We grow older, but, thankfully, we also grow wiser. The wisdom we gain transfers to all areas of our life, and, for me, it has finally enabled me to take over control of my food choices and my general health. Of course, it is always a journey, but as I now face retirement years, I find that it’s the perfect time to be the true master of my weight and my physical and mental well-being.

It began when I was 13 years old. My then chubby buddy Sara and I decided to join Weight Watcher’s. We were the youngest in the group at the local meeting at the Main Street Church, but we were faithful to the T, consulting Jean Nidetch’s cookbooks, participating at the meetings like we never did in our classes at school, concocting miserable desserts with skim milk powder and gelatin that we convinced ourselves tasted just like real pudding, weighing and measuring our foods like scientists, and even downing the required five fish meals, and once-a -week chicken livers. I lost 18 pounds and then proceeded to gain them back steadily on all the M&Ms and cookies I could get my hands onto. And that was some challenge, believe me, considering that my mother used to hide goodies from me in the strangest places you can imagine. We had an uncle who traveled to Europe a lot and intermittently sent us boxes of Swiss chocolates, which she went so far as hiding at the back of her sock drawer. Usually, when it came to Keebler cookies or some other store brand, I could sneak to the store and try to replace what I’d eaten before she’d notice, but with those Swiss chocolates, I’d often get busted.

After Weight Watchers, came a lifetime of programs to try and knock off the weight and be normal. There was Diet Center, a truly humiliating experience of meeting with an anorexic, fashion-model counselor in her big, fancy office, who weighed me, looked me up and down, and ordered me to eat dry, leathery baked chicken breasts that I could barely chew. I don’t know how much weight I lost that time, but I know I lost a lot of money and joy. I also began exercising, doing step aerobics, and suffering a lot of pain in my ankles and knees. I continued to prefer M&Ms, and cookies,–and I took on a new hobby of baking breads and cakes. As you can imagine, I grew bigger over time and neither Diet Center nor step aerobics made much of a dent.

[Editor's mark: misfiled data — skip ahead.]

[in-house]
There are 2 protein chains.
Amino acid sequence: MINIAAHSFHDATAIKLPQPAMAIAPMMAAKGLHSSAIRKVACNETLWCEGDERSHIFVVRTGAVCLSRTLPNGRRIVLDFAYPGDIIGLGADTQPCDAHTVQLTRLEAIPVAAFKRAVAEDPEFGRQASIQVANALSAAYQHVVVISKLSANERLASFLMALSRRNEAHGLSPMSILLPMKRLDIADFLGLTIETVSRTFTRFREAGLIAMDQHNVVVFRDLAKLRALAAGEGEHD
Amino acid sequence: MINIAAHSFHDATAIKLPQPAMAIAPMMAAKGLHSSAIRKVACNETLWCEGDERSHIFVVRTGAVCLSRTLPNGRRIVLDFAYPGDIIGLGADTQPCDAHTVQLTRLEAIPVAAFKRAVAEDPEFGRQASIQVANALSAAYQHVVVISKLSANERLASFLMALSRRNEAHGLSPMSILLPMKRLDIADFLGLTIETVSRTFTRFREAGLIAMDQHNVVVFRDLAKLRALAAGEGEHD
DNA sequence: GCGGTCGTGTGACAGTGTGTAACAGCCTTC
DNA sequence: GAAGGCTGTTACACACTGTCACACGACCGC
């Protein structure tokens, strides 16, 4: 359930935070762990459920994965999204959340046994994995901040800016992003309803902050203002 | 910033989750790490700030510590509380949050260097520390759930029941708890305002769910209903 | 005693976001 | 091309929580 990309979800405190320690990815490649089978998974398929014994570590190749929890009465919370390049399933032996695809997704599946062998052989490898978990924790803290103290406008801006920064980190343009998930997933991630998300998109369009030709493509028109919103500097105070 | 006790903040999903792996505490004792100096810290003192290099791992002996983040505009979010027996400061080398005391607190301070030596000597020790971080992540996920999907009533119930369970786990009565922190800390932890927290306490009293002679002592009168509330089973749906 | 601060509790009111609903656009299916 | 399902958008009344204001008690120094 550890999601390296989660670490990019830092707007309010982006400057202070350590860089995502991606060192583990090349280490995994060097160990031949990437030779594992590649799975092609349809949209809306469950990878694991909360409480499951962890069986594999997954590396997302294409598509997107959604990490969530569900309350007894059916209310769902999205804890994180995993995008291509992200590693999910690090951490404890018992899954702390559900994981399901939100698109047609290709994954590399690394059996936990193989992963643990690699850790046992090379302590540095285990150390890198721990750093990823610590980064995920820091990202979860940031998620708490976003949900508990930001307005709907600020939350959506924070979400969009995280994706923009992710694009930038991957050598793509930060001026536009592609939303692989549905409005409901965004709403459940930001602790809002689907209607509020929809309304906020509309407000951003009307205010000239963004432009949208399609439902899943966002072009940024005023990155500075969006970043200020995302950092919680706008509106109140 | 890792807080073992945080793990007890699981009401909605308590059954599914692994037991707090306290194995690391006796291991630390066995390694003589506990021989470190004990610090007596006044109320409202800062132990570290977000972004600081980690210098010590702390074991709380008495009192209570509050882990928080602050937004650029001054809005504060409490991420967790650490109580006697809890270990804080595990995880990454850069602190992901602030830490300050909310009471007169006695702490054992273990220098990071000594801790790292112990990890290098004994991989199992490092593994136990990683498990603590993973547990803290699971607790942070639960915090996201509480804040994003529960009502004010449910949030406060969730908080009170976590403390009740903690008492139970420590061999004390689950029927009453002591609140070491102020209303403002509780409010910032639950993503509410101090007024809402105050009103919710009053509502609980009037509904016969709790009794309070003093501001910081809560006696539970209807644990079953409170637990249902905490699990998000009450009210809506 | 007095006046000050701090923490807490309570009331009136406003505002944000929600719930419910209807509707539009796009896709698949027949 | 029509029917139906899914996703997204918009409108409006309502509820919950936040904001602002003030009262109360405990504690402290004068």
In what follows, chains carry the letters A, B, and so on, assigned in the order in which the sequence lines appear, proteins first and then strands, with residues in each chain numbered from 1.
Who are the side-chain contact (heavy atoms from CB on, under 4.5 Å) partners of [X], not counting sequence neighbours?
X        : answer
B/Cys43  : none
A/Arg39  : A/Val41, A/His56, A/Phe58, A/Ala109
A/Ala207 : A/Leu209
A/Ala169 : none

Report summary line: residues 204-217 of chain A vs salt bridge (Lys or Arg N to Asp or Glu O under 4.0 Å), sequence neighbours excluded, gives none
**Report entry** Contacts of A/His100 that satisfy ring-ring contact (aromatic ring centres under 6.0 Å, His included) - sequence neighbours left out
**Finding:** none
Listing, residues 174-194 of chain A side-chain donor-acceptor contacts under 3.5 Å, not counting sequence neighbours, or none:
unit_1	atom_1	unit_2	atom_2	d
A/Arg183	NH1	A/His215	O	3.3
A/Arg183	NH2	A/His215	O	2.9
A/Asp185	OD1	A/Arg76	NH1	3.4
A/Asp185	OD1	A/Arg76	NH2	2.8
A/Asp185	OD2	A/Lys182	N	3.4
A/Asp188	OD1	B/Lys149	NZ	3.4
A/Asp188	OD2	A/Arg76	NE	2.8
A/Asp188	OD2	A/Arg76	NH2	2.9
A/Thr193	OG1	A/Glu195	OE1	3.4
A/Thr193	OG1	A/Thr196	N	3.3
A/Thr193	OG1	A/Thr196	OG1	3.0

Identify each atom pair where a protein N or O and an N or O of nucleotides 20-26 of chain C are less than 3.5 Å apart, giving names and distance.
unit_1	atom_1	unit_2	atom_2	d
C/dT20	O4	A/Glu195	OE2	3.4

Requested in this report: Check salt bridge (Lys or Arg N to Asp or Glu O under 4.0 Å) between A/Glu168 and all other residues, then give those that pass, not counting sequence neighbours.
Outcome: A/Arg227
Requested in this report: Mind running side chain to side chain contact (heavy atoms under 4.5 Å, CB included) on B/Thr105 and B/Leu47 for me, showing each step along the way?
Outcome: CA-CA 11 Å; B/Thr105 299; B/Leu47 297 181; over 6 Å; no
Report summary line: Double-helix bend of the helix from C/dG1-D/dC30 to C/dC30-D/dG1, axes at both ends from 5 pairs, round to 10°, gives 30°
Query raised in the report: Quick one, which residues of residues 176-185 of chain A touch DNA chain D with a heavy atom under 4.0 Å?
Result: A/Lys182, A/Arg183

Part of the problem was that I grew up with a single mother who was financially strained. My two sisters and I had a consistent diet of rolls with butter, hamburgers, hot dogs, and mostly sweets. When my mother had to leave us to work, or go somewhere on the weekend, she’s use cheap ‘babysitters’: Ring Dings, chocolate-covered cream drops and non-pareils. I don’t blame her; the sweets kept us comforted, happy and certainly energetic. Besides, she sure made pretty arrangements on a big platter for us to grab anytime we felt the need. My middle sister and I would sit on the living room floor in front of our black and white T.V. truly savoring those chocolates to last through whole episodes of ‘Sky King.’

After realizing that summer camp would be a disaster because I couldn’t even fit into size 14 jeans, I began my own regime of eating only white food—cottage cheese, plain yogurt and sometimes, if desperate, vanilla ice-cream. I don’t know why I thought that colorless food might make me thinner, because it only made me appreciate those colorful M&Ms more when I came off my ‘program.’ And, speaking of white, it was at that summer camp, that I discovered white bread and spent the summer downing the generous slices. After all, meat and peas and green beans were foreign to me, and I refused to even take a taste. And so, I returned home with an additional ten pounds that my mother noticed immediately. I can still see the alarm on her face when she looked me up and down as I got off that horrible nauseating bus. As awful as it was, though, I would have gladly hopped back on it rather than to face my mother s disgust at looking at fatter me.

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